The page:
Message from Dwayne – Focusing on 2010

For over 10 years, our partners, staff, colleagues and I have continued to forge an idea or concept in the area of tree care.  This concept is that training, and education for tree workers is important for the safety of the workers and the preservation of trees.

Training has always been an important aspect of any successful organization. Historical evidence shows that training tree workers has been going on almost since the very beginning in North America and long before that in Europe and other parts of the world. People seem to have a connection to trees that is almost inexplicable and for some of us this connection causes us to become arborists and to dedicate our lives to the care and preservation of trees, making it our livelihood.

In a recent television interview, where I answered questions pertaining to a colleague who won an international award last year at the ISA show in Providence, I answered questions that made me seriously stop and ponder why I do what I do as a profession.  I realized why I have chosen this business of arboriculture education for long over a decade and why I have worked as an arborist for over two decades.  It is because I love to train and educate others to understand trees and safely and properly care for them.

Many friends of mine have said that understanding how a tree grows and functions is the first step in understanding how to care for it. The same premise holds true for so many aspects of tree care. Climbing and rigging is much safer and easier if all involved with the job at hand understand various concepts of physics.  A basic knowledge and grounding in the science of physics goes a long way to improving safety, productivity and longevity. Using a chainsaw and felling trees is another major aspect of tree work that overlaps into many other trades. Understanding how a chainsaw cuts and the reactive forces created are other examples where training and education will make a big difference in the areas of safety and productivity.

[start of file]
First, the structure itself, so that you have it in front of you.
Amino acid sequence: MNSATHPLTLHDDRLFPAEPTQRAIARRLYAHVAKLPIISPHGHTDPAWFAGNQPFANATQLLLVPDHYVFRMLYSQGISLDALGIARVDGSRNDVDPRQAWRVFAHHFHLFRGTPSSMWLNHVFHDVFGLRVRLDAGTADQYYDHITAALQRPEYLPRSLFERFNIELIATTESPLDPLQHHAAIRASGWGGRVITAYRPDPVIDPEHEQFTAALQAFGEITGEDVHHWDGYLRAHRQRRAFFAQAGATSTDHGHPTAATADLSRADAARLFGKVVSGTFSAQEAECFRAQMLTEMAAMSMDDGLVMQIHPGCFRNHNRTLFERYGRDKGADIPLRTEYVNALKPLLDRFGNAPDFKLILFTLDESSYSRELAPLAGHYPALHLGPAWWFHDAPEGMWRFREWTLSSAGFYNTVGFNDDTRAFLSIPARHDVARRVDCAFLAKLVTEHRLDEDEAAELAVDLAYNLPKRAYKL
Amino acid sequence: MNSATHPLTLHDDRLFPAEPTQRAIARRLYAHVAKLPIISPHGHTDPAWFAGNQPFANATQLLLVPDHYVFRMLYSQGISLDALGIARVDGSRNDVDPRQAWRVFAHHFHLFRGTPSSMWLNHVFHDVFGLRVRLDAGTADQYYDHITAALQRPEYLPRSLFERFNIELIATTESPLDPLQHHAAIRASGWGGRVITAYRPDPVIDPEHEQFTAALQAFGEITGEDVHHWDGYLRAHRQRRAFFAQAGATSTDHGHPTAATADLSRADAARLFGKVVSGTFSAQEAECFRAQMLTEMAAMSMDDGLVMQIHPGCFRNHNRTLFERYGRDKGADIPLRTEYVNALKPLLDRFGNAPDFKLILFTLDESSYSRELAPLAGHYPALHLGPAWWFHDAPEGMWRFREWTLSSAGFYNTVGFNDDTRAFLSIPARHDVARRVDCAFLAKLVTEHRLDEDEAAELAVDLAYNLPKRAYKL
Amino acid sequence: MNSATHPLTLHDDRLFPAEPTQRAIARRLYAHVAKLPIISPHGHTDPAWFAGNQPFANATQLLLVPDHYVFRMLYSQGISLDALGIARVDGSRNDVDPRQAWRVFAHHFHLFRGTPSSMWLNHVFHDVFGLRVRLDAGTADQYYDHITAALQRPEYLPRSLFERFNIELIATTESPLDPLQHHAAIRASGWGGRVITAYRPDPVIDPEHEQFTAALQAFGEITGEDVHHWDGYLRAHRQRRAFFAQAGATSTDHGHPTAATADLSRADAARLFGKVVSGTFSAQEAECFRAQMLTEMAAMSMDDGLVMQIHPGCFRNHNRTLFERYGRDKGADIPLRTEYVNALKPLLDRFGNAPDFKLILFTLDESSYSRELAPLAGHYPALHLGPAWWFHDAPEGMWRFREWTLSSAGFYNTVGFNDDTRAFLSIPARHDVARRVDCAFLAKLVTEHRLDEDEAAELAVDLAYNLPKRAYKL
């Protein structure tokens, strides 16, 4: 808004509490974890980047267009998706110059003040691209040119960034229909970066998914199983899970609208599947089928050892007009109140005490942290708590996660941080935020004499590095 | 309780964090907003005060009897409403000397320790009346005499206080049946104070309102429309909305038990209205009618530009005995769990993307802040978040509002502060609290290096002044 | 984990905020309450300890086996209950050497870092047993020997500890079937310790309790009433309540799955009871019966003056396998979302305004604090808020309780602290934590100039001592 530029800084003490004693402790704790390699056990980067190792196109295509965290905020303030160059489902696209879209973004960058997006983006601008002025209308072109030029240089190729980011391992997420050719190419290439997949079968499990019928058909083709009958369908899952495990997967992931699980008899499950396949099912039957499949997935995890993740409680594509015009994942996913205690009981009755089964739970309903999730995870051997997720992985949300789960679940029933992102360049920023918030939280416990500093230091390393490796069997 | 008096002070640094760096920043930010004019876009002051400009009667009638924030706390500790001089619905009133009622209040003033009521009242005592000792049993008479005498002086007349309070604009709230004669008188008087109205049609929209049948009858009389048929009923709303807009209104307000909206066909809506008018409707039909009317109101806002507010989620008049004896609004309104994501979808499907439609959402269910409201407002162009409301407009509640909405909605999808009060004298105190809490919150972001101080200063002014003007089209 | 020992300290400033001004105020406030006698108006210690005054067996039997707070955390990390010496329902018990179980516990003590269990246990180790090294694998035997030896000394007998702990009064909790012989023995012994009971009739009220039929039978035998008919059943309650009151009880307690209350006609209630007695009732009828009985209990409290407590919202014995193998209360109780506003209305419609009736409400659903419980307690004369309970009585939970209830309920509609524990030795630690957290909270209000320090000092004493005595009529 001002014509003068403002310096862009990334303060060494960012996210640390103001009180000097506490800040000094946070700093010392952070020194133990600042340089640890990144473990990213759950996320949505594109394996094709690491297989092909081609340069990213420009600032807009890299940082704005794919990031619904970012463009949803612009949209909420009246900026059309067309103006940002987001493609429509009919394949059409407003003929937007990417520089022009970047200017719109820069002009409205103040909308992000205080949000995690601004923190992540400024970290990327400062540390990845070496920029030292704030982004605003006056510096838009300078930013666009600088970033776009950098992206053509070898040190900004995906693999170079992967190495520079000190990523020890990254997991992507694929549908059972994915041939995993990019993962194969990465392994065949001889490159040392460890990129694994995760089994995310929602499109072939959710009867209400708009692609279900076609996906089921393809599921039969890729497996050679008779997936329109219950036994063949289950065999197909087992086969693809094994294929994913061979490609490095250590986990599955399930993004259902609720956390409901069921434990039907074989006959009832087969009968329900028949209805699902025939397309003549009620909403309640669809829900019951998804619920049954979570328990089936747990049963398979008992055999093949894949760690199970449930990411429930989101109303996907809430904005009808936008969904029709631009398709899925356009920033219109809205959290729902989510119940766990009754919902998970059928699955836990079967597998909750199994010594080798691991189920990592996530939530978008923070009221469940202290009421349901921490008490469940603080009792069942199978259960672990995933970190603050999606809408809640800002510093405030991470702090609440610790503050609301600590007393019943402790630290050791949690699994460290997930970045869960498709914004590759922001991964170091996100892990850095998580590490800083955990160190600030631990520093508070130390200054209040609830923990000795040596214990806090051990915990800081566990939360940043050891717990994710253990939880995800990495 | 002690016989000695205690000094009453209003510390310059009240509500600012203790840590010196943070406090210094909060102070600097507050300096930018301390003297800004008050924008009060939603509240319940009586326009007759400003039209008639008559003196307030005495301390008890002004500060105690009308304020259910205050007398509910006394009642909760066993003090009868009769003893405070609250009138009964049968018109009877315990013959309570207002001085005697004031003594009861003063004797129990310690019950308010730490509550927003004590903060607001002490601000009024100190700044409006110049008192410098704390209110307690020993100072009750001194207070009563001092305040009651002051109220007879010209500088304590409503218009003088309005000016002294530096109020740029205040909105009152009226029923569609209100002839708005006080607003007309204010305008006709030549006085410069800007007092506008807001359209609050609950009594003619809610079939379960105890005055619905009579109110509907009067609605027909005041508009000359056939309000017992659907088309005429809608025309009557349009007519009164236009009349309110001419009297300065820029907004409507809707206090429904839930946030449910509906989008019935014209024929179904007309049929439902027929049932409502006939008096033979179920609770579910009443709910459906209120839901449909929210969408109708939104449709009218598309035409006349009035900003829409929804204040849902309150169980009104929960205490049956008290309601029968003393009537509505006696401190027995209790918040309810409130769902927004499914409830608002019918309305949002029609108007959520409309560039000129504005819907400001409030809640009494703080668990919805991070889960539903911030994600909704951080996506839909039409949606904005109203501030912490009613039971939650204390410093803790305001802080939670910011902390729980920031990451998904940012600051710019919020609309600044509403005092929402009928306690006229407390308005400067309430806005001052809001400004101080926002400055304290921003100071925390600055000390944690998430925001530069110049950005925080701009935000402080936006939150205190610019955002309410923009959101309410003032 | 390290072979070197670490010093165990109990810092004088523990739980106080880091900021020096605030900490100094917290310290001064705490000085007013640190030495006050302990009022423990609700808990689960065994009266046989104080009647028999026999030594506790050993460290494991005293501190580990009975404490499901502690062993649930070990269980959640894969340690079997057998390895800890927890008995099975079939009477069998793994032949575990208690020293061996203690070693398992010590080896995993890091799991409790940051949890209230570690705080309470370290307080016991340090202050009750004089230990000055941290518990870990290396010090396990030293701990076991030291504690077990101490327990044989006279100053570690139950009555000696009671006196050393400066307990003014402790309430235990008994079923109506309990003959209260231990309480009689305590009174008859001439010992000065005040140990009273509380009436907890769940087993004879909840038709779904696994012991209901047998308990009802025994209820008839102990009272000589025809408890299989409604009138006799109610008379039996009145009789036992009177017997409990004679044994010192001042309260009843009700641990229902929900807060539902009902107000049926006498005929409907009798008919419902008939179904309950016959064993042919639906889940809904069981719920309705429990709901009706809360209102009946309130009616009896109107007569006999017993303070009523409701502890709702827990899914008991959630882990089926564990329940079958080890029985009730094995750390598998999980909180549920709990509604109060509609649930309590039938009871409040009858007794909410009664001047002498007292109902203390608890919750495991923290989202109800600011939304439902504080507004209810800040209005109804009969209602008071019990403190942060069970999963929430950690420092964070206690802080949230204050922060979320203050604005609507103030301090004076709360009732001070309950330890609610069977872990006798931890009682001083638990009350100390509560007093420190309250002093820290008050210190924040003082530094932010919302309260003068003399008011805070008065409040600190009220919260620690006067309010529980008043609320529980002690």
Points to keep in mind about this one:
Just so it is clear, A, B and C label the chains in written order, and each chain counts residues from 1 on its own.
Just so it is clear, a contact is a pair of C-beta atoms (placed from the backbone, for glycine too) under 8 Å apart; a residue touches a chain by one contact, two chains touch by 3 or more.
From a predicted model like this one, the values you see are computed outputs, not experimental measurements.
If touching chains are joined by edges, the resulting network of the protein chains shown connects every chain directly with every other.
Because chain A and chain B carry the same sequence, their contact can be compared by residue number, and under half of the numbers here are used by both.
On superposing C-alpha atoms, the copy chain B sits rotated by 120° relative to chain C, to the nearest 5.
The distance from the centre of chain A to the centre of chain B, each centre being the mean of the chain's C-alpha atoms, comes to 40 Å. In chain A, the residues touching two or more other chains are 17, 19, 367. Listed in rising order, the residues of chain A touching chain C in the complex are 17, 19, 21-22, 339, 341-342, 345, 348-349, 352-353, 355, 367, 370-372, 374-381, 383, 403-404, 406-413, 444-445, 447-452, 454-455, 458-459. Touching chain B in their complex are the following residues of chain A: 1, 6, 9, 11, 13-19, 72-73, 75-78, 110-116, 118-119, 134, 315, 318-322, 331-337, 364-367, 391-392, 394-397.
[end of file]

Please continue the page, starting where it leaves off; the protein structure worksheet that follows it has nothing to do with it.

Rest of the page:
So often in these busy times as new staff come and go, time may not be invested on why to do a task a certain way, but rather focus is only put into how the task should be performed.  Workers that do not understand the reasons and concepts behind performance criteria required of them will show results of boredom, accidents, and no-shows.  We call this, ‘training without education’.  As a result, many employers and business owners face a decision of whether to invest in a person who may or may not remain in their employee long term. 

ArborCanada’s approach to connecting training and education with respect and enjoyment is one of the secrets to our success. In open enrollment courses, where attendees come from all around and take a general course, or in focused programs customized for a specific clients work activities, ArborCanada training and education creates a win-win investment in a short time. In one or two day’s attendees are inspired, trained and educated. They have fun and learn more, faster. Many times attendees of our programs leave motivated and inspired to stay with arboriculture a while, several years or a lifetime. In my case, this type of investment set my career path.

Attendees from our programs and past customers have experienced this to be true many times, not just because our curriculum is current and relevant and our instructors are leaders in arboriculture in many respects, but because we are doing what we love and are passionate about. In fact, anyone who pursues their heart and passion is destined to succeed. Many of us understand this well and have inspired and motivated others to stay in the tree business because of it.

We at Arboriculture Canada Training and Education – from registration, workbook production, certificate generation, data entry, web design, our corporate partners, assistants and instructors – are passionate people doing what we love -because we choose to.

Thank-you to our customers who come back to us for training year after year and to everyone who chooses to work with us and support us. We look forward to seeing all of our old friends in 2010 and meeting many new ones.

Dwayne Neustaeter


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